As part of its Anchor Borrowers Programme, the bank would support local growers of cotton to enable them to meet the needs of the textile industries in Nigeria.
The CBN would also support efforts to source high-yield cotton seedlings so as to ensure the yields from cotton farmers met global standards.
Emefiele said the bank would intensify efforts with the state governments and others that might show a keen interest in the quick actualization of such programs, which would include clusters or parks with a steady power supply.
What is most instructive as we countdown to 2020 in hours, is the CBN’s initial support to importers of cotton lint for use in textile factories, with a caveat that such importers begin sourcing all their cotton needs locally beginning from the year 2020.
CBN further committed about N30 billion to ramp up oil-palm production in the country, the fund was disbursed through deposit money banks to six oil palm companies to back their expansion programs. Meanwhile, 40 applications from other investors across the country for the cultivation of 126,694 hectares are also being considered.
Local demand is currently at 2.5 million metric tonnes per annum, while local capacity is at 1.25million metric tonnes, leaving a gap of 1.25million metric tonnes per annum which is being serviced through imports.
Closing the gap and positioning Nigeria to incrementally export oil palm products to neighboring countries and beyond is what the CBN oil palm initiative aims to achieve.
CBN is committed to ensuring that a minimum of 1.4 million hectares of land is cultivated with palm trees in three years.
So far the Apex bank has extracted commitments from 14 State Governors to make available 100,000 hectares of land each.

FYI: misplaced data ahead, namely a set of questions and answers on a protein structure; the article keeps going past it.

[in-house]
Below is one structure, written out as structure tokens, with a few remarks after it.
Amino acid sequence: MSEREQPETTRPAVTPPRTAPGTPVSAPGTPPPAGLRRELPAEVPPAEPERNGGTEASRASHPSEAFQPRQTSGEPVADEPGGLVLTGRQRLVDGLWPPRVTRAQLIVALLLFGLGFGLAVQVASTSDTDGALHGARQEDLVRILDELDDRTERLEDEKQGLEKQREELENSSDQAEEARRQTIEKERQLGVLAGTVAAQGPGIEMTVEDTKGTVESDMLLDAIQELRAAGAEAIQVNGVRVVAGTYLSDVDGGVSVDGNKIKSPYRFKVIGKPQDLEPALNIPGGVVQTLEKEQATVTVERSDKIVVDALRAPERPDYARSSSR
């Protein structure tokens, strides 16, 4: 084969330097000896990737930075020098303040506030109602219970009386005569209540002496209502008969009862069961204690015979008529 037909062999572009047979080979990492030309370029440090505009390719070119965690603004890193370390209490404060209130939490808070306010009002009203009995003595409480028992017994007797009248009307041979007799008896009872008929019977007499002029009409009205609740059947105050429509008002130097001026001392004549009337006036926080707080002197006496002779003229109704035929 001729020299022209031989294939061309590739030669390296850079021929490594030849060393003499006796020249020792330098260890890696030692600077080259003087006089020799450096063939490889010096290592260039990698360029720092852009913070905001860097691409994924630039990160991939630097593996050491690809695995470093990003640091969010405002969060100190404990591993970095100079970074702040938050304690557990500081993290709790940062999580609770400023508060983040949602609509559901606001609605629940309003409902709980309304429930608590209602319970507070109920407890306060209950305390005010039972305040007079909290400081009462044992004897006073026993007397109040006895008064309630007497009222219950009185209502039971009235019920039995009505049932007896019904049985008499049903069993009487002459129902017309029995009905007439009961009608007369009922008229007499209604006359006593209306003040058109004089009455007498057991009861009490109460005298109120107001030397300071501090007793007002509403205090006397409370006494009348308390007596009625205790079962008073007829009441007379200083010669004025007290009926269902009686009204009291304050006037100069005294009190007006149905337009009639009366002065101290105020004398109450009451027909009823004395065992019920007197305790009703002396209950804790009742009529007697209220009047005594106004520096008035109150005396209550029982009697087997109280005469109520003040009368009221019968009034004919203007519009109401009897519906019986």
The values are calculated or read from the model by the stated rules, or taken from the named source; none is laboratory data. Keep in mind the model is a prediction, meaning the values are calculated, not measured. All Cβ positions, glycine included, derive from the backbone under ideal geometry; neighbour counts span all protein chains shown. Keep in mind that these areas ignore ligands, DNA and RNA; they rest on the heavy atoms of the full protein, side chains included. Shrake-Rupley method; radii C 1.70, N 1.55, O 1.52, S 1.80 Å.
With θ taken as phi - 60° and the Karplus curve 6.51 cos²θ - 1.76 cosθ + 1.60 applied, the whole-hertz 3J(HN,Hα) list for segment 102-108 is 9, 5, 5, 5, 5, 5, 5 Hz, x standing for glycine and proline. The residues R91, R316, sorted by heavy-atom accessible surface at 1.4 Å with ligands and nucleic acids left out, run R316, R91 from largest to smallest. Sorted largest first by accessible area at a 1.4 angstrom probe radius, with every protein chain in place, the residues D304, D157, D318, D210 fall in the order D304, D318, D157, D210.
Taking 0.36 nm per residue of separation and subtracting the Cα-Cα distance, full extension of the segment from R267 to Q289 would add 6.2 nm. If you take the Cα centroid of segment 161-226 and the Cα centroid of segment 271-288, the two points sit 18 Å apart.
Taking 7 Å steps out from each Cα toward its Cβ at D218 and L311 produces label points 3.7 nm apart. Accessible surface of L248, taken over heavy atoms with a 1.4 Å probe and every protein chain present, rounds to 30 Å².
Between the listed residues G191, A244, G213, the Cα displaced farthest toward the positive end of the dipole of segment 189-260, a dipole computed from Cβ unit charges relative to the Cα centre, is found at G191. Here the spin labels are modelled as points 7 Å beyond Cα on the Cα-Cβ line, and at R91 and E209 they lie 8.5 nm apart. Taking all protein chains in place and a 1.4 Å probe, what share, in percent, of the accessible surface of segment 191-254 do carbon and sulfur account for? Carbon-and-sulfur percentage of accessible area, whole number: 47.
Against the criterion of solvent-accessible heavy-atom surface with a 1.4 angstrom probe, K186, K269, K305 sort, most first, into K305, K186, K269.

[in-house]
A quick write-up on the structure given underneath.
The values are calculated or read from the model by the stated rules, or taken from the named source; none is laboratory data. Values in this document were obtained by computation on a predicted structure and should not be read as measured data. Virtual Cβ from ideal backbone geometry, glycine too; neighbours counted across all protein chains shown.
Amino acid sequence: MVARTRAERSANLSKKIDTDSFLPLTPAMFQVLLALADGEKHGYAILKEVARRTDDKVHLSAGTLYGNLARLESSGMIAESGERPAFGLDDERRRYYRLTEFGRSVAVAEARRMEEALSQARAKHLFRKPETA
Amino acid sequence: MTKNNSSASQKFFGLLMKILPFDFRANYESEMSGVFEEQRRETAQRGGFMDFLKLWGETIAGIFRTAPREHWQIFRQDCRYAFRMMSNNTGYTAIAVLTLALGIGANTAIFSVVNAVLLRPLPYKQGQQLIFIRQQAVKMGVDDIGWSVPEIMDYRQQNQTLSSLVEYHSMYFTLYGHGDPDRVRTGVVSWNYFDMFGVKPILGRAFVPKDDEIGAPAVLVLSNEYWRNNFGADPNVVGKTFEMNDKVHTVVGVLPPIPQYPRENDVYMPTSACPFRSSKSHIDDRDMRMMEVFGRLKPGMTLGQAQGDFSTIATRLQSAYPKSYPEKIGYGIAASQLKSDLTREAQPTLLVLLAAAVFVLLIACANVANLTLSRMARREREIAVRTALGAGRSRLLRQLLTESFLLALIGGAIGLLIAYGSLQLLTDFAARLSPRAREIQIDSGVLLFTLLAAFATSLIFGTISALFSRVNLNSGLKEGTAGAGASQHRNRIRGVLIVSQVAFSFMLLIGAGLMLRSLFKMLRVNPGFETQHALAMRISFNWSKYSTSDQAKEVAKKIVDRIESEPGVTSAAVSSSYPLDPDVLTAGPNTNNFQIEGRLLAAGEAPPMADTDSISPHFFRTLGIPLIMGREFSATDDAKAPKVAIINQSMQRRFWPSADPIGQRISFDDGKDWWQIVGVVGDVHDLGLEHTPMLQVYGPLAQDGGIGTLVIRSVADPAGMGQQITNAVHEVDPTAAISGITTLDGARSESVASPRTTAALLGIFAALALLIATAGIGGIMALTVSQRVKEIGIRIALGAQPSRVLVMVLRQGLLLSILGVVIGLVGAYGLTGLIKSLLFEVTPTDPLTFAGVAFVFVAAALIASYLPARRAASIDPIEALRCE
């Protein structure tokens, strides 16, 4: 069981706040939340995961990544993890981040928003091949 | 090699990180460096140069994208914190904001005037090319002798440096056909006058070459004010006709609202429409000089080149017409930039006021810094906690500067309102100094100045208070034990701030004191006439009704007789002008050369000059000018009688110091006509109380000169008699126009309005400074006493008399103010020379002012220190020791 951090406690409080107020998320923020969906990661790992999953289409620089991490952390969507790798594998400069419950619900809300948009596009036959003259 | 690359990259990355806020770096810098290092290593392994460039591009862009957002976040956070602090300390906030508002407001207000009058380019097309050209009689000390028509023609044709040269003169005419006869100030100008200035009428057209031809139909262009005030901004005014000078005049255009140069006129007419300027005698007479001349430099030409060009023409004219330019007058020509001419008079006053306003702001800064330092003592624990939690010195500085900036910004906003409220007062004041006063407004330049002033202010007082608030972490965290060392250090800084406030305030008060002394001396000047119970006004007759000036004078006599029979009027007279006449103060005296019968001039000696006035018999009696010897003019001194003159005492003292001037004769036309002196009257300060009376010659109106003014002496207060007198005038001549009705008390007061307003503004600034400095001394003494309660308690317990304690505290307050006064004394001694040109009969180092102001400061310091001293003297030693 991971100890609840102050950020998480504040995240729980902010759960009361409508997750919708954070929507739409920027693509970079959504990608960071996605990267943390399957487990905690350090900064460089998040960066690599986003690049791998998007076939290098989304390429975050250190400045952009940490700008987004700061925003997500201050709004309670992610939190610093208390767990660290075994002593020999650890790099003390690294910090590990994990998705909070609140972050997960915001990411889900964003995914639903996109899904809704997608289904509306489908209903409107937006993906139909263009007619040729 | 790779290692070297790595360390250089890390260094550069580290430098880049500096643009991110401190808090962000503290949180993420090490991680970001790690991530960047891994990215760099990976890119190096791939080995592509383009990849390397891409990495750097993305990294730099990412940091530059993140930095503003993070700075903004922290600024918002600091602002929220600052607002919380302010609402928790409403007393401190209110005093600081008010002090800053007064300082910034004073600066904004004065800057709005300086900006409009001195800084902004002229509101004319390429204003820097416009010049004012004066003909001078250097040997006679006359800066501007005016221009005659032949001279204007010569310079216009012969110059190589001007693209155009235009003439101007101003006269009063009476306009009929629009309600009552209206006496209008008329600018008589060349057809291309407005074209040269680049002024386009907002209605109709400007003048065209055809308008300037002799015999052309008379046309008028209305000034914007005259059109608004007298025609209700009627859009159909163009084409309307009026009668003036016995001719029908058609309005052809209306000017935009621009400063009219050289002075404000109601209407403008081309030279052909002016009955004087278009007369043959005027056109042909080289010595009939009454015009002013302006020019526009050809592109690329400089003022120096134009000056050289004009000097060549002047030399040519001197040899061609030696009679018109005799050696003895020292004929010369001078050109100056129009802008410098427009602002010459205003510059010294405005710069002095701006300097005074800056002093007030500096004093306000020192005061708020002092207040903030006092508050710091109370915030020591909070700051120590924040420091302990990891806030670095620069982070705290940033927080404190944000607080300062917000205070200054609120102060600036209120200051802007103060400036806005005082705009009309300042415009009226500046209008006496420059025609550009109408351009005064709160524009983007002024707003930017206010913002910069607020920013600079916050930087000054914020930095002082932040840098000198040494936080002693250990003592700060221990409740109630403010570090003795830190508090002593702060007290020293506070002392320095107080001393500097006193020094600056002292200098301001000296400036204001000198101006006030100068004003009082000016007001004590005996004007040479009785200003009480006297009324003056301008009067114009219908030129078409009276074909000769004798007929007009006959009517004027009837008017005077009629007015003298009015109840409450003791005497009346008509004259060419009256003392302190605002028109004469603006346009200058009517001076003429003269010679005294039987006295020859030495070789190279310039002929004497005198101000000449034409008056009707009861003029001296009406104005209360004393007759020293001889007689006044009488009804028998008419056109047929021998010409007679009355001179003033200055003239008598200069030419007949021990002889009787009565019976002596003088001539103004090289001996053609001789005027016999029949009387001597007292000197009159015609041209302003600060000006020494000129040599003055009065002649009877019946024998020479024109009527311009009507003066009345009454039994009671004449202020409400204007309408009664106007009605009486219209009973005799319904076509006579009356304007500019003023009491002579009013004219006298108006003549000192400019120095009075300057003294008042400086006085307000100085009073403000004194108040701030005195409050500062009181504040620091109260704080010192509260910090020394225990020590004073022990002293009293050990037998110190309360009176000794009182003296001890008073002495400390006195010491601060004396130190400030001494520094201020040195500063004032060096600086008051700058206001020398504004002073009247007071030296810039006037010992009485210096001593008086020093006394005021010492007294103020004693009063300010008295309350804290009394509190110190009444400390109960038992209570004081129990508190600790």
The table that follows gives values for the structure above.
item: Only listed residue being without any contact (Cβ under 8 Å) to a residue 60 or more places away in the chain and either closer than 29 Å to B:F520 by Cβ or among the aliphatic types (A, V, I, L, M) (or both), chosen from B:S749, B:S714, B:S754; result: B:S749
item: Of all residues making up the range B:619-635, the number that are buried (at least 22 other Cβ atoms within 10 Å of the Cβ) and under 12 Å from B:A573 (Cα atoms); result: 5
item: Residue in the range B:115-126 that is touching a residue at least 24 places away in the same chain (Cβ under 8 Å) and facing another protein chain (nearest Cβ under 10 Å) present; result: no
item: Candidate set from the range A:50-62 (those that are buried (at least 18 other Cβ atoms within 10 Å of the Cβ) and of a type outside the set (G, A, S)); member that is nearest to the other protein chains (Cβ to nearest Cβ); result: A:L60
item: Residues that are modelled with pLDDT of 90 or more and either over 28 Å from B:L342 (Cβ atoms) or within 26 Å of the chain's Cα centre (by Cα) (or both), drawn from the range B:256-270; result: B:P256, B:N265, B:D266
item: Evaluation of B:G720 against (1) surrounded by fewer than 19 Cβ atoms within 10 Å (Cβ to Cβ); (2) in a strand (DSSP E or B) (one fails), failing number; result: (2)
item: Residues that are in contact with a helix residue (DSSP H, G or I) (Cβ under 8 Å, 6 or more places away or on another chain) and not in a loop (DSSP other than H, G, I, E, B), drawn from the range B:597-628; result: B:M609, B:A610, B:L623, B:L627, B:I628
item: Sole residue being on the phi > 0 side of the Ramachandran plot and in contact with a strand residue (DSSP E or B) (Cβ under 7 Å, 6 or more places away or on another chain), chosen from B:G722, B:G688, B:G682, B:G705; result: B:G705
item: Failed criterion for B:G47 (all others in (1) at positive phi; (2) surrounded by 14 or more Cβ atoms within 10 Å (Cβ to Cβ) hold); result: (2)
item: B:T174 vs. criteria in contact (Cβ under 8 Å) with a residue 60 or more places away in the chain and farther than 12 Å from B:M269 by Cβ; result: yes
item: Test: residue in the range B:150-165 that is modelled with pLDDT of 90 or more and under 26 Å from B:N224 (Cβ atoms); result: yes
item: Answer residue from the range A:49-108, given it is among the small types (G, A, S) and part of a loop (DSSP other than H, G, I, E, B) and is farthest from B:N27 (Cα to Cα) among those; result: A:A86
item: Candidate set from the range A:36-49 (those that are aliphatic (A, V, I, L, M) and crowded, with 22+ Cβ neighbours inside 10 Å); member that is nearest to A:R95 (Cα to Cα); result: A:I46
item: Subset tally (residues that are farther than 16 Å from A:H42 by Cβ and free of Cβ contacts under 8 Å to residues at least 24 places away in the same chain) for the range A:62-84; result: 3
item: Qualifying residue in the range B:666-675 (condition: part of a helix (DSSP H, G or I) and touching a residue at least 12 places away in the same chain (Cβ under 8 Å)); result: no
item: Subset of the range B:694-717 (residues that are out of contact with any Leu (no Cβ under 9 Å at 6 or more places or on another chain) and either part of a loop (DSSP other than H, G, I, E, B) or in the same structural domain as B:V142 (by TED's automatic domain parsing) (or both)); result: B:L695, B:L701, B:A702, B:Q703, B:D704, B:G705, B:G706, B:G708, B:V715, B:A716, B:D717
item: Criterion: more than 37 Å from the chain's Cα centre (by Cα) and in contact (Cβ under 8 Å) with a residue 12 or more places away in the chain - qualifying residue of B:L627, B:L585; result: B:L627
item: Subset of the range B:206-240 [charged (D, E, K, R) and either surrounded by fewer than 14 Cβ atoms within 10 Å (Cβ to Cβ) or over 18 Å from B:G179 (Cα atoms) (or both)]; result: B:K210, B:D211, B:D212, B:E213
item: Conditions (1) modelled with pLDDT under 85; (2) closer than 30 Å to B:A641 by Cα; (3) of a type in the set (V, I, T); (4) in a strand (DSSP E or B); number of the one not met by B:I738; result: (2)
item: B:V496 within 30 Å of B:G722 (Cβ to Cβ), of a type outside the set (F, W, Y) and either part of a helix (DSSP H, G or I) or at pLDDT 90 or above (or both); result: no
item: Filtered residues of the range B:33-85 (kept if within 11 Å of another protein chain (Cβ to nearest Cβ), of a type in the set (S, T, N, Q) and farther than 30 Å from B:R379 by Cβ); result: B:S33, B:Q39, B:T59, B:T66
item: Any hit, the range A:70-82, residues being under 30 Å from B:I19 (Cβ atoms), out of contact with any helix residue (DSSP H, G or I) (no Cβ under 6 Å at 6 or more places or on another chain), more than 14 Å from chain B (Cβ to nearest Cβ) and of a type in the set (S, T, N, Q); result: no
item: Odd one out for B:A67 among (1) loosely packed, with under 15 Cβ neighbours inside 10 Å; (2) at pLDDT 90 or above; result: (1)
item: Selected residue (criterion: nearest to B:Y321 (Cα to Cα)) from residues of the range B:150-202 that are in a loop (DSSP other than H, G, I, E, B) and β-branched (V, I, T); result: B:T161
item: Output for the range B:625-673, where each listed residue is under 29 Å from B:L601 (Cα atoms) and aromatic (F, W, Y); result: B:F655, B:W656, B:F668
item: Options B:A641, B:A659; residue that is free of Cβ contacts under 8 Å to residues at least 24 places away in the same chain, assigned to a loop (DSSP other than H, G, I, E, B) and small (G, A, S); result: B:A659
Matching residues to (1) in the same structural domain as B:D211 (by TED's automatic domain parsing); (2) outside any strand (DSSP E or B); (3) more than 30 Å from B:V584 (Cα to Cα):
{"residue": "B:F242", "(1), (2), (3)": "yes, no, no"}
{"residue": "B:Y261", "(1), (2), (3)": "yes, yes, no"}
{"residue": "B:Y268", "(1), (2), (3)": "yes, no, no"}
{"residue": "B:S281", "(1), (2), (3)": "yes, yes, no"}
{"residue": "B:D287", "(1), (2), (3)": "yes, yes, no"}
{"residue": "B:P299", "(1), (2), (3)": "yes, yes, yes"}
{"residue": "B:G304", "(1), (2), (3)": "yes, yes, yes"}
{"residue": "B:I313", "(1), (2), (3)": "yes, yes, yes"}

Blanket Ban On Forex
Not satisfied with the selective restriction of forex to import certain food items, President Muhammadu, declared that Nigeria had achieved food security, and as such, the foreign reserve will be conserved and utilized strictly for diversification of the economy, and not for encouraging more dependence on foreign food import bills. He directed the CBN Governor to implement a blanket ban on forex issuance for food importation.
The Apex bank promptly complied as this was already in line with its foreign exchange policies that started since 2016 with about 41 food and non-food items, a list that grew to 44 (mostly food items) before the presidential directive.
Temporary Border Closure
Most talked about of all that impacted agriculture in 2019, is the ongoing border closure policy of the federal government – a protectionist measure aimed at essentially boosting the local production and consumption of home-grown food. Even though it has negatively affected retail and FMCG export, it has provided a significant boost in the fortunes of rice and poultry producers.
Banned Exports: Beans and Hibiscus
More than three years after the EU banned the importation of Nigerian beans on the premise of chemical residue and pest infestation, the ban is yet to be officially lifted, six months after it lapsed.
In the same vein, Mexico banned the importation of hibiscus from Nigeria and despite giving a condition for the lifting of the ban, Nigerian hibiscus export to Mexico is yet to resume. More so as exporters are not willing to allow the Nigerian Agricultural Quarantine Services to oversee the processing of their hibiscus plants for export.
Farm Portfolio Investment
The emerging trend of farm portfolio investments really caught on in 2019, as investment companies or brokers enrolled more farms, adopting best practices and improved technology with guaranteed off-takers/markets. This, coupled with backing from insurance companies on the capital guarantee, shored up investor confidence and resulted in early full subscription of investment windows.
Major crops adopted by brokers include rice, onion, soybeans, sorghum, maize, and groundnuts. Aquaculture and poultry were also not left out.
Project Great Green Wall: Trees for Peace
Nigeria this year went a step further in plans to combat climate change and mitigate its impact on agriculture. Aside from just combating the effect of climate change, Nigeria is also seeking to stem the perennial violence between herders and farmers through an initiative called the Great Green Wall, a planting of 25 million trees in Nigeria announced by President Buhari, at this year’s United Nations special conference on climate change.
According to President Buhari, who noted that desertification was squeezing opportunity of the rural dwellers who constitute over half of the country’s population and relied on agriculture as their mainstay.